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Seismic shift

Will life in Hollywood ever return to normal?

February 03, 2008|Rachel Abramowitz | Rachel Abramowitz is a Times staff writer. Contact her at rachel.abramowitz

'Shoot, I've got to get off the phone. They're picketing our set," said the producer as he slammed down the receiver.

Just another typical day in Hollywood, where BlackBerrys had stopped buzzing, agents had stopped twitching with testosterone-powered purposefulness, writers marched around with signs and popped Advil for their lower backs and executives aimlessly roamed the halls of Burbank hoping they wouldn't find pink slips in their mailboxes. And let's not forget the late-night hosts who grew funny beards and interviewed labor economists and each other rather than make small talk with Pamela Anderson or Brad Pitt. Another few weeks like this, and Jay and Conan could find themselves interviewing the inventor of antifungal foot cream.

Though it could well be settled by the time you read this, the Writers Guild strike and its repercussions have sent Hollywood into its version of a coma, a hazy dream-like state where the lucky complain about their TiVo options and face existential questions about how to organize their time now that work doesn't occupy 20 hours of their day, and the unlucky pull their kids out of private schools, watch their nest eggs dwindle and hope they won't lose their houses.

Obviously, no one's been partying. Not at studio-hosted Golden Globe bashes. Not privately. Even the movie premieres seem to have downscaled, as publicists sent word that appearing too festive is bad for a star's image. Gone are fancy lunches hosted by the machers with fat wallets--i.e., agents--as agencies such as United Talent Agency and International Creative Management slashed not only expense accounts but also salaries in an effort to avoid extensive layoffs.

"I'm coming into the office and surfing the Web and doing crossword puzzles and reading books," says Oscar-nominated screenwriter and director Scott Frank. Pre-strike, he had his day packed to the nanosecond, writing his own scripts and doctoring others' scripts for films rushing toward production. Lately, he's been picketing and procrastinating. "Every time I sit down to write, I end up going online. It's pathetic. Everybody feels totally discombobulated. It's like the way people feel after a natural disaster. People have lost their routines around which they organize their lives."

Even hype, an entertainment industry staple, felt its days numbered. "The first people to be let go are publicists," says publicist Elizabeth Much. Much owns her own firm and remembers the writers strike of 1988. "I knew then there was no way I could have only actors as clients. I'm so grateful that my PR firm is not entirely reliant on the entertainment industry."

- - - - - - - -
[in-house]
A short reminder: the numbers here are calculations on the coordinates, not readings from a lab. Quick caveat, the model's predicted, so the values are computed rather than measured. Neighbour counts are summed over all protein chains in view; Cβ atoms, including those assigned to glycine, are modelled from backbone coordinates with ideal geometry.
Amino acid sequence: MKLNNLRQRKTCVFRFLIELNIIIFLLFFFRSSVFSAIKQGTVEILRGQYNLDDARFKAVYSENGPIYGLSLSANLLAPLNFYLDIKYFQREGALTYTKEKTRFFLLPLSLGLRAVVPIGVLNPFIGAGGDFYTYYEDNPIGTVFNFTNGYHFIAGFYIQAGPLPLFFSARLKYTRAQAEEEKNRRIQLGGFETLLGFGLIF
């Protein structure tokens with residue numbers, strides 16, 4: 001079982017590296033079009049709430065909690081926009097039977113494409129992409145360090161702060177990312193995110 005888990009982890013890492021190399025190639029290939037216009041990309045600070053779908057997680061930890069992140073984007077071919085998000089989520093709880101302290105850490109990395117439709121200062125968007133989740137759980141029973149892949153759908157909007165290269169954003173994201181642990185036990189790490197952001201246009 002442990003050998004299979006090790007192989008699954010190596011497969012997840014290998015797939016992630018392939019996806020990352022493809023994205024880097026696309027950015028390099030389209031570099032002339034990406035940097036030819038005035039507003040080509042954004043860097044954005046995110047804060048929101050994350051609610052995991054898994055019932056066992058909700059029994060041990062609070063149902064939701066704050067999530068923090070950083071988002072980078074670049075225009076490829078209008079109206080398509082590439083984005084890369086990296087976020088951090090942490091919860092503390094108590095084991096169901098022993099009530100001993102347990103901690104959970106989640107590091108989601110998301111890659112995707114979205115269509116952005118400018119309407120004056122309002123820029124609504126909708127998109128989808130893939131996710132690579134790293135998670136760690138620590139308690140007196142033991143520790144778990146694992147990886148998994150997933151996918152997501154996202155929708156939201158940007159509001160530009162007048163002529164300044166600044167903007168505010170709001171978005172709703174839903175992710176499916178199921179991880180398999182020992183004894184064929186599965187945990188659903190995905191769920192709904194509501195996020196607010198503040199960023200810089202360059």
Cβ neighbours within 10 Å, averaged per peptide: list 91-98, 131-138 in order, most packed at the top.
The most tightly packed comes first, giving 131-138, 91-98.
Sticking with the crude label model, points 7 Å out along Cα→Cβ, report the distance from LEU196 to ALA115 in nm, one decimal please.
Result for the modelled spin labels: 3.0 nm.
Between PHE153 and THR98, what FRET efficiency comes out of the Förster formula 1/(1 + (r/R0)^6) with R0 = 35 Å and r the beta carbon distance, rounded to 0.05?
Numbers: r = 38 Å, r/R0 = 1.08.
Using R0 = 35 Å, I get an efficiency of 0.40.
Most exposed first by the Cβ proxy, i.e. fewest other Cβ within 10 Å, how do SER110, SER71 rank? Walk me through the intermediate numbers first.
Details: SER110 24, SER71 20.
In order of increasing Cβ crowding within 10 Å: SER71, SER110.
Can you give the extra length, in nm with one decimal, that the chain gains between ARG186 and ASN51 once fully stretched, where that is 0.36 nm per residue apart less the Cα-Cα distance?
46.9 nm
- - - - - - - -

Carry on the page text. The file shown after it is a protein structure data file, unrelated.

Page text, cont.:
It used to be fun to mock the pretensions and glitz of awards season, but the loss of at least some red carpet festivities has turned out to be demoralizing for the town. Instead of glamming it up in designer-loaned gowns, Golden Globe winners got to hear about their victories in the most mundane circumstances--best director Julian Schnabel was standing in JFK airport, waiting for his luggage, when he heard his name on TV. Other winners--such as French actress Marion Cotillard--watched the televised news conference in their hotel rooms. And, of course, all of Hollywood has been fretting that the hallowed Oscars could become the strike's highest-profile casualty. The Academy of Motion Picture Arts and Sciences was forced to make preparations for two Oscar shows, one with writers and stars and one without. Perhaps that question will be settled by the time you read this, but anxiety over it has taken quite a toll.

And what about the careers that could go unwatered just as they had started to blossom? Will this year's new Oscar hopefuls, such as James McAvoy and Casey Affleck, see their breakouts eclipsed in the strike haze, like the athletes who were denied their shot at Olympic gold in 1980 when the U.S. boycotted the Moscow Games?

"It's starting to hurt because we have Marion Cotillard for best actress," notes Bob Berney, chairman at Picturehouse, who's been pushing the French actress for her performance in "La Vie en Rose." "The strike is starting to hurt those people's careers. All the work they did--it's now not being honored. Not to mention the work they're not doing" because of the strike.

Fame and talent can be fleeting. (Seen Louise Fletcher recently? Hmmm, didn't think so. And she actually won the darn gold statue.) In this climate, it's clear why talent--writers, directors and stars--love residuals, those lovely paychecks that come from the studios for reusing initial work, as when TV shows are broadcast in Hong Kong or a feature film becomes a DVD. Residuals are part of the town's social compact, a security blanket for the inevitable day when wrinkles arrive, the zeitgeist changes or the magical mojo that stokes creativity disappears.

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